Some of the landing pages we assessed had large chunks of text that were difficult to digest, especially to beginners and intermediate users.
Our research provided us with so much valuable insight that we couldn’t include it all here! In the end, we found the following answers to our research goals:
The next stage is to make predictions ready for testing. This involved building hypotheses for our page, setting out our expectations for these outcomes, and selecting the channels and audience who will view our test.
We looked at our page sections and noted our hypothesis for each one. Below is what we changed on the page and how we believe our users will respond.
We included new illustrations to draw attention to the header to help highlight the main action above the fold, which is to search for a domain.
We hypothesize that users get to this page while actively seeking domain names, so highlighting this area will help users find what they’re looking for.
The information that appears above the fold and after the header is important to our users. By listing different categories of domains (e.g., Popular and Deals), users can identify what they’re looking for.
We also included a ‘View All’ call-to-action to redirect users to our pricing table, seeing our list of domain extensions and prices.
We hypothesize that by displaying prices at the start of the page, the users will have everything they need to know how to proceed with purchasing — we help squash the customer fear that our domains are overpriced. As everything is clear, they will not need to keep exploring the page to seek their answers.
We have additional products that can help our users put their ideas online, whether they’re new to domains or frequent purchasers.
We hypothesize that users should be introduced to products related to the current purchase process, and we will support them in their journey.
If our users are still in doubt about whether they should purchase a domain from us, we listed related topics and relevant articles that may help them understand the process.
We hypothesize that we inform users on technical matters which will empower them to use Namecheap.
We decided that we wanted to reach the following goals:
To evaluate the test results we chose the following metrics and measured data from our existing page and our test page:
There are many different audiences to test your page on, whether organic users, customers from a particular social media channel, or email marketing newsletter.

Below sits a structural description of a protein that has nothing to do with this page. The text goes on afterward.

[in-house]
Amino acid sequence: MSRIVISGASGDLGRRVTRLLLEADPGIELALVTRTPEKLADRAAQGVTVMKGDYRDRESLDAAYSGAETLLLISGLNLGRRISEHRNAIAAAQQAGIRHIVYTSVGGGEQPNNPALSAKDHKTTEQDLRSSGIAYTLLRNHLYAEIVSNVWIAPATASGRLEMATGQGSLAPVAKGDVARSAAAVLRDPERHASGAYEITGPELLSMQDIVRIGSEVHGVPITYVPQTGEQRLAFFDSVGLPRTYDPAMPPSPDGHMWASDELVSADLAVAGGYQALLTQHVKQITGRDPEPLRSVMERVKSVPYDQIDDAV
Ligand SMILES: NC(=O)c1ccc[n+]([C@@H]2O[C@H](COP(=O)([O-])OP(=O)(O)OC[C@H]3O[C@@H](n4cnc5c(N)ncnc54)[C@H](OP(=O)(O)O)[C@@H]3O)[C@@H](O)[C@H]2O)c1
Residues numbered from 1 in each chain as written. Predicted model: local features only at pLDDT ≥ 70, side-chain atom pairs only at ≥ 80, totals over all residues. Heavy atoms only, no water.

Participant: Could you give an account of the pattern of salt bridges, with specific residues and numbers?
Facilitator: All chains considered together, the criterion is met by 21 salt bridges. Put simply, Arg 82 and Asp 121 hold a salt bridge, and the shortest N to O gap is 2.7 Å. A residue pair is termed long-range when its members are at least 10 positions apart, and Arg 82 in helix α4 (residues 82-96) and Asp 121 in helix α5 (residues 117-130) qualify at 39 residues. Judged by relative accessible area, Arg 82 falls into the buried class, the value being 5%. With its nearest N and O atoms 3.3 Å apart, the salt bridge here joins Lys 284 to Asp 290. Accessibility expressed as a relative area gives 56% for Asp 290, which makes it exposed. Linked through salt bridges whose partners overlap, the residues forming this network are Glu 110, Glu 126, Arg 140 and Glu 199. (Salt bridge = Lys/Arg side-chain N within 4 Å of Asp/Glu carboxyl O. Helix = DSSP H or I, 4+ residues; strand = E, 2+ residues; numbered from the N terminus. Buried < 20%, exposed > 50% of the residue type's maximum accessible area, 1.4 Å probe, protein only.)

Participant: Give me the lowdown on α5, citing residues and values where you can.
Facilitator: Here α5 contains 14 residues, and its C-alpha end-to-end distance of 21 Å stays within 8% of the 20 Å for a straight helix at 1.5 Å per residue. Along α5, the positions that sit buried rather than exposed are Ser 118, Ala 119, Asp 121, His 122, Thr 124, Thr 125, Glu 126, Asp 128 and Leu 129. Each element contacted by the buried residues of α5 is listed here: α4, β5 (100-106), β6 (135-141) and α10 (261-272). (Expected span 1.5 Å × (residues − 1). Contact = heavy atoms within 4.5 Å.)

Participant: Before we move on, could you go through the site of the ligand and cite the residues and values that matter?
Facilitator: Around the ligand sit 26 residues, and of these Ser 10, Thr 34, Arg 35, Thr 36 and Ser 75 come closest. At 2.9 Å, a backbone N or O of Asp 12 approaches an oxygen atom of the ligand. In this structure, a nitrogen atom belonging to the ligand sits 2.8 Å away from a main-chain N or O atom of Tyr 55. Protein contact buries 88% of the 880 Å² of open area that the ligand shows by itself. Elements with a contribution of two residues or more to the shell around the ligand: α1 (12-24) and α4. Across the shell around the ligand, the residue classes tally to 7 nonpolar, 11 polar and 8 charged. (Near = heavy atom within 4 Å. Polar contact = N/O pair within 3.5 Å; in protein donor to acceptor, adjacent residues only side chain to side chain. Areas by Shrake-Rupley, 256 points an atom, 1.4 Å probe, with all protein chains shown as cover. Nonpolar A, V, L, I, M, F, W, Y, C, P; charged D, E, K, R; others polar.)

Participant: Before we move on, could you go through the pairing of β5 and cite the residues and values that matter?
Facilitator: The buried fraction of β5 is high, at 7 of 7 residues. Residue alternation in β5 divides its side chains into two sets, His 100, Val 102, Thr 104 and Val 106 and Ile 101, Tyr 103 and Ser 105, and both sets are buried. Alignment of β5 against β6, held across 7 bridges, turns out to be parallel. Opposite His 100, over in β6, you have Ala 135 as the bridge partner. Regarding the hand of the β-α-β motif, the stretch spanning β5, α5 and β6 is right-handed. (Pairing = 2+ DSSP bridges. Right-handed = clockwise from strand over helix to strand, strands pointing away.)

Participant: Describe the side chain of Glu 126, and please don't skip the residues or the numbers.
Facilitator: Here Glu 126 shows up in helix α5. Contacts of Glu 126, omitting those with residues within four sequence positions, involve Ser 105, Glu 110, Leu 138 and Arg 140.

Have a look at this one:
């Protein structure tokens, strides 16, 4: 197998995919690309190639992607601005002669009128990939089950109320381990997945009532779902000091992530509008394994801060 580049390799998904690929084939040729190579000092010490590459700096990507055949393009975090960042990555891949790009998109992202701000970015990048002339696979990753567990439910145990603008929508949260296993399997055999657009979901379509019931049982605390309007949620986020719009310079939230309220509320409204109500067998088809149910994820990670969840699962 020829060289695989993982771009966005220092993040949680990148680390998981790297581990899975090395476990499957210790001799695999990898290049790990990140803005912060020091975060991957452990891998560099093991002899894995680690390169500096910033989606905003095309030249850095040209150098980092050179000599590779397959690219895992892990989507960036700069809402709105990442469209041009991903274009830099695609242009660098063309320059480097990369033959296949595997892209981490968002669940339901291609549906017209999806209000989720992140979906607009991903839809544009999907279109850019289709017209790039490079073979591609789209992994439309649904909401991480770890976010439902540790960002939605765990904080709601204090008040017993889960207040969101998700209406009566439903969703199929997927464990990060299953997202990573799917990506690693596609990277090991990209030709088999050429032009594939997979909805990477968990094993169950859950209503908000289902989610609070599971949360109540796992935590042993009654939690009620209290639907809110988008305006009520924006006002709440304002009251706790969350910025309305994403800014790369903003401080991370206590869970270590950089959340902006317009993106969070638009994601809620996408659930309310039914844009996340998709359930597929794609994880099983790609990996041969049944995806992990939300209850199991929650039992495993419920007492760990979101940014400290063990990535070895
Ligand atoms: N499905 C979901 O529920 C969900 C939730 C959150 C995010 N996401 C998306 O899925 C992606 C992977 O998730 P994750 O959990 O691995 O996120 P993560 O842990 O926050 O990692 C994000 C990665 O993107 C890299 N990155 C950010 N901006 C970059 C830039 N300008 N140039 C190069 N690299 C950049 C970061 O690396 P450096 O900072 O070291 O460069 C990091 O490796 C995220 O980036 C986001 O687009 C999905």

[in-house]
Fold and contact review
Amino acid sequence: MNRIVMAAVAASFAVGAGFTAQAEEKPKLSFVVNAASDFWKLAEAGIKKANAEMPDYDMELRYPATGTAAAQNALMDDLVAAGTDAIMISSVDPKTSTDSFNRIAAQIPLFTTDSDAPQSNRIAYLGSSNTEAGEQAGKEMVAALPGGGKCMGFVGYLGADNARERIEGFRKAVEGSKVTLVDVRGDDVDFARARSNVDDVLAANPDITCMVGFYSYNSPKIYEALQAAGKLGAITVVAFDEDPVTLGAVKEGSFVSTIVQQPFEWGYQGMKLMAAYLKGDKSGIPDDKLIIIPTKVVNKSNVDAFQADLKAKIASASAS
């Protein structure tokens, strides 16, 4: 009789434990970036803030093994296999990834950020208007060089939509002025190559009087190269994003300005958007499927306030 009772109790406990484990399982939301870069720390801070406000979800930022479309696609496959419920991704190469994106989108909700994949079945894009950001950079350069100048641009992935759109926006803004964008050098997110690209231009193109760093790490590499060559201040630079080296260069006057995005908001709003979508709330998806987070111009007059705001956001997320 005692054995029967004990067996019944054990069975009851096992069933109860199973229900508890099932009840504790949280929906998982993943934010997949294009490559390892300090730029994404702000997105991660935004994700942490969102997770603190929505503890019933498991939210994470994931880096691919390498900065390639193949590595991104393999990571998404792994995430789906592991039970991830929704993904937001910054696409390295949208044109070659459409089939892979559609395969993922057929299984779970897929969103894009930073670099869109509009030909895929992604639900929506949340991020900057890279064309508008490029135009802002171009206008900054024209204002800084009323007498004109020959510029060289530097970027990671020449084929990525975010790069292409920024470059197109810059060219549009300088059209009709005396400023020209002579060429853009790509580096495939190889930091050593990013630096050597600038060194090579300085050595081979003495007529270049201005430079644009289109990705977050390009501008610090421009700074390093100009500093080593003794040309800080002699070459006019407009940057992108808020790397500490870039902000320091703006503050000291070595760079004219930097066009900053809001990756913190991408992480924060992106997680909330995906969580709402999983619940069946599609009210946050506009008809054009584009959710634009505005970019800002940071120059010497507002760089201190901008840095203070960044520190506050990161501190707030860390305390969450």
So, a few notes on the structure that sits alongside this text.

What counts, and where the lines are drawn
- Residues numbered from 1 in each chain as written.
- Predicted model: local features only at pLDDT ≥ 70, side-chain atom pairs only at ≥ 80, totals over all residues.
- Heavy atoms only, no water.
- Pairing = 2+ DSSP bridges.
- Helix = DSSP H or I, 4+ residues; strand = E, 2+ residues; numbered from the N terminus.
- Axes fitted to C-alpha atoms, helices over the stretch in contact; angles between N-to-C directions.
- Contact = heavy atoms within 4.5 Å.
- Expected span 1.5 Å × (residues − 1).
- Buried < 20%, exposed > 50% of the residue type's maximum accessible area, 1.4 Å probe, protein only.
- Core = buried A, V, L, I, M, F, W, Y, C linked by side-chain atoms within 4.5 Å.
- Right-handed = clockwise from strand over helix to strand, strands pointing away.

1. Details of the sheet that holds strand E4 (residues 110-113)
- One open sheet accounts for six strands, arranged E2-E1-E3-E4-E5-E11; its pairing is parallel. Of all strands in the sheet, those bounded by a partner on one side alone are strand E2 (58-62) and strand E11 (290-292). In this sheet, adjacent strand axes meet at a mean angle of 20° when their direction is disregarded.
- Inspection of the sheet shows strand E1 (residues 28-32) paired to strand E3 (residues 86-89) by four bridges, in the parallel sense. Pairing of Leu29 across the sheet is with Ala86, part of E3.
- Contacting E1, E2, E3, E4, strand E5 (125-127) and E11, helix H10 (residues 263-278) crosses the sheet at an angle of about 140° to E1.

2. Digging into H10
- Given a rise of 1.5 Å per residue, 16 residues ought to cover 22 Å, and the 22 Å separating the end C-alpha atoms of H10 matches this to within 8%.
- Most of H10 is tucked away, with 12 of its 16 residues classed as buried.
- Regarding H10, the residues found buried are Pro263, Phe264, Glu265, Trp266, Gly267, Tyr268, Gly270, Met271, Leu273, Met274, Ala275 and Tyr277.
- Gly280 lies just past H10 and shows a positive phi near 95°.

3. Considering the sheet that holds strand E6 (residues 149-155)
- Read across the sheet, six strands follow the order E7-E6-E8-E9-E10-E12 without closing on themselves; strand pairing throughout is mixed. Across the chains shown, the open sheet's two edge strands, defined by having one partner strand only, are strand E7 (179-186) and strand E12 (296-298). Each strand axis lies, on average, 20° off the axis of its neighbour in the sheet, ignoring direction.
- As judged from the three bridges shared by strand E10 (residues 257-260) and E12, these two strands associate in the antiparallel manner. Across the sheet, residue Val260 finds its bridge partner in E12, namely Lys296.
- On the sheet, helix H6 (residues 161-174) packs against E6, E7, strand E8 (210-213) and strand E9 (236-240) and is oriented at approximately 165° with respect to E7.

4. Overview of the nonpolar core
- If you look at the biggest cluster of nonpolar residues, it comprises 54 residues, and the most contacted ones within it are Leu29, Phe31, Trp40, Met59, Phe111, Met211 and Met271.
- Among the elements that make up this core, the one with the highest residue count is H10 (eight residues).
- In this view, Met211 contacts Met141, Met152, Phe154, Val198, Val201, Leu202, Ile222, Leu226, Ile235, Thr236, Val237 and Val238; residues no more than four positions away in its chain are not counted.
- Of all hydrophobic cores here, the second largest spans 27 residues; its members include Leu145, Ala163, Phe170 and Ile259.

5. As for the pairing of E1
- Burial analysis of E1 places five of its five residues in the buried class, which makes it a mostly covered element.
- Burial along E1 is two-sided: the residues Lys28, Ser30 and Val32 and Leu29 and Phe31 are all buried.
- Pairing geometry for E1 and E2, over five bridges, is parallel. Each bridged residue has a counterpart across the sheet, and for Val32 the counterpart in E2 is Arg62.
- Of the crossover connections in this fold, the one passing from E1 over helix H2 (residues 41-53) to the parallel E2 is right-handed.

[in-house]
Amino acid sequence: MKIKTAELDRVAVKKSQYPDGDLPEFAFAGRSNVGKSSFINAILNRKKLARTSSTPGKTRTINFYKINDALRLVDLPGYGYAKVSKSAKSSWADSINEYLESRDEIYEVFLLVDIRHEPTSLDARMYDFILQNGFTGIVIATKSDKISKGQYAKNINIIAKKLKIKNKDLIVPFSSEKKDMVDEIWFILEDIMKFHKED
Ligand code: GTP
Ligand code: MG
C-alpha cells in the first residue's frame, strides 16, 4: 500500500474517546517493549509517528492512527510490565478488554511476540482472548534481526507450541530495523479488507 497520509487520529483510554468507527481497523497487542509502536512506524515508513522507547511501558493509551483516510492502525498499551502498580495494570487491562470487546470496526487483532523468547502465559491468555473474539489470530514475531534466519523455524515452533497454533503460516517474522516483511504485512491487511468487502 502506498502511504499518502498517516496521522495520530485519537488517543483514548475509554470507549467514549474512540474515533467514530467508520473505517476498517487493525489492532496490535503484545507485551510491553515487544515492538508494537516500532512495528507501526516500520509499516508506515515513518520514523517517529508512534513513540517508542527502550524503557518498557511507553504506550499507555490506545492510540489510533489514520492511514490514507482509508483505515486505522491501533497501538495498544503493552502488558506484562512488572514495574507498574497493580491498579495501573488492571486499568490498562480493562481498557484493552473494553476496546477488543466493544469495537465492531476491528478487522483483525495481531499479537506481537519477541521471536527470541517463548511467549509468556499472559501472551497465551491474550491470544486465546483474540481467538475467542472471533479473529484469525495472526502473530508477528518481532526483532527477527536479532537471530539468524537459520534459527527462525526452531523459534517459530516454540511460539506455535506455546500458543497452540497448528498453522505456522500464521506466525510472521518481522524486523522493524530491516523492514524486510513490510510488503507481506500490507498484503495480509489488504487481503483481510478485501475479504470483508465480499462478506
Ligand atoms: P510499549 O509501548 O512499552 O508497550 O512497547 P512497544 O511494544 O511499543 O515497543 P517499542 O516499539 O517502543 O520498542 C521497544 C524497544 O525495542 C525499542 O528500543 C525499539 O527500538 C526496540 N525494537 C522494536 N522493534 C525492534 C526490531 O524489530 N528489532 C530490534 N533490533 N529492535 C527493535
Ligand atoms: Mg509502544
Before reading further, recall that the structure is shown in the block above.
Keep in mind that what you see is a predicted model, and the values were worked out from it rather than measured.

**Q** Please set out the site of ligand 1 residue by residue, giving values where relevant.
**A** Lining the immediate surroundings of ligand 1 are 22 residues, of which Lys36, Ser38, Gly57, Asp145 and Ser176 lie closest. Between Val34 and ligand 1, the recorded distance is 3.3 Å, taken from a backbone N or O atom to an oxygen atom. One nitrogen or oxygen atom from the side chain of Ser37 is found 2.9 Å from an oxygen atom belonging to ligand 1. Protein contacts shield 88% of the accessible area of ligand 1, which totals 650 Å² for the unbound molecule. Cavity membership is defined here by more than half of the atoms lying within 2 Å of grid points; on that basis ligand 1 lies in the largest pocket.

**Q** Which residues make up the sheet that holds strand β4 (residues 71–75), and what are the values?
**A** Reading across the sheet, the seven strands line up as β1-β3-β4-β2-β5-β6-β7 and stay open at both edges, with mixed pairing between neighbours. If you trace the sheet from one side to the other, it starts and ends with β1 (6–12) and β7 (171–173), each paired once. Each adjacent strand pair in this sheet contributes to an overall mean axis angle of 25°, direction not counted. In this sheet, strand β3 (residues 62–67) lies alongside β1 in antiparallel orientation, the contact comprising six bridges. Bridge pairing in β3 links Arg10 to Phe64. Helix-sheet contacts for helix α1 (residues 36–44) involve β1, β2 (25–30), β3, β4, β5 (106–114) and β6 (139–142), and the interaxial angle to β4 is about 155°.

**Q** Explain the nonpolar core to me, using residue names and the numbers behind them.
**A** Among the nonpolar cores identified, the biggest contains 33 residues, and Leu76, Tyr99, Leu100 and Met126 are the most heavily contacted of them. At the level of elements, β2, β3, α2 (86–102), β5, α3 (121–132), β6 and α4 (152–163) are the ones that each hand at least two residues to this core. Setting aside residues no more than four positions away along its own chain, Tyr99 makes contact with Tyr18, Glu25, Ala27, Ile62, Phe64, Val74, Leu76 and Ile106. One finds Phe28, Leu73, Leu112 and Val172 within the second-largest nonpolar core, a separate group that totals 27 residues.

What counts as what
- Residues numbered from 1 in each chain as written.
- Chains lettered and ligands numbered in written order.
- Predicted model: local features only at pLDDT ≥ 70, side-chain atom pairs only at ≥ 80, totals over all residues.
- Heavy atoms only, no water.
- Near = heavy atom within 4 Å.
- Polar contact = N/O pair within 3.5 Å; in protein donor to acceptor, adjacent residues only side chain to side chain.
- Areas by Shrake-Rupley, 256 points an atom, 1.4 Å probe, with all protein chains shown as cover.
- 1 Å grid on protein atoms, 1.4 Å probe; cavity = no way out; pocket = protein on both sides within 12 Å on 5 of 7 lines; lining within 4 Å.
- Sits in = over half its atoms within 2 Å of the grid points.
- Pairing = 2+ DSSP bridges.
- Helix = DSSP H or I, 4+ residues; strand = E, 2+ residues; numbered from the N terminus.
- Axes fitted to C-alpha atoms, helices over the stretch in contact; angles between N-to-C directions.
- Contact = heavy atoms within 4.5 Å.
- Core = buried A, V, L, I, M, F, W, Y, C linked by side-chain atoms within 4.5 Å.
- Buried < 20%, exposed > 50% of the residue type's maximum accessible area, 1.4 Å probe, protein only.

We chose to conduct our test on a limited audience, specifically, the users who arrive at our website via our Pay-per-click (PPC) channel.
Our creative team worked together on concepts and designs based on the hypothesis presented. After feedback from internal stakeholders and further changes to the design based on this feedback, we had five different page versions to test each specific hypothesis.
We performed an A/B test where two variants of a page are shown to a selection of users. Our ‘A’ was our existing page, and for ‘B’ we created a second page where just one element was different from our ‘A’ page.
Our first test was to switch the hero banner to a streamlined design that helped highlight the search bar as the primary call-to-action (CTA). We divided our traffic in half, with 50% heading to page A, and 50% to page B.
The good news was that our hypothesis was correct, and we saw a 7% conversion lift on page B. Changing the search bar did improve the general conversion rate, and it improved our user’s search capacity and assurance in searching for a new domain.
Our general user experience (UX) metrics, such as bounce rate, did not improve on page B, which may mean that our users had a clear goal in mind when arriving at the page, and what matters is the bar itself and its location.
On page B, we added TLD cards just under the search bar. Our cards included helpful information such as registration price, promotions, renewal prices, and an introduction to the TLD, for example in our .com card, we included the copy, ‘The King of domains’.
Our hypothesis was proven correct again (go us!), and we saw an 8% conversion rate increase on page B. We also saw an improvement in our bounce rate, suggesting that our users feel more confident continuing on-page navigation.
Finally, we learned that our users are more inclined to purchase TLDs above the fold, as the price can be seen immediately, helping to inform them whether or not it fits their budgets.
We did create further iterations and tested elements that were placed further down our page, but discovered there was no significant impact on purchase behavior, as very few of our users scrolled this far.
After our tests, it was clear that we needed to update our page. We decided to keep the elements that ‘won’ in our tests based on our selected performance metrics, along with other elements that looked more natural on our page and that provided a better user experience. Above all, we kept the content above the fold informative and clear for our users.
In the end, we confirmed most of our hypotheses, and it worked out well for us! We gained valuable insight for our domain name search page and other pages across the Namecheap website.
It has to be said that our latter tests did not bring us any valuable improvements to take home. Still, having no results can be counted as a result, and we now are fully aware that the content above the fold is the most important.
If we could offer one tip for you to take away, it would be that you should focus on the content, illustration, and structure of the page above the fold.
We hope that you have enjoyed reading our case study and that our findings are helpful for building your own landing page.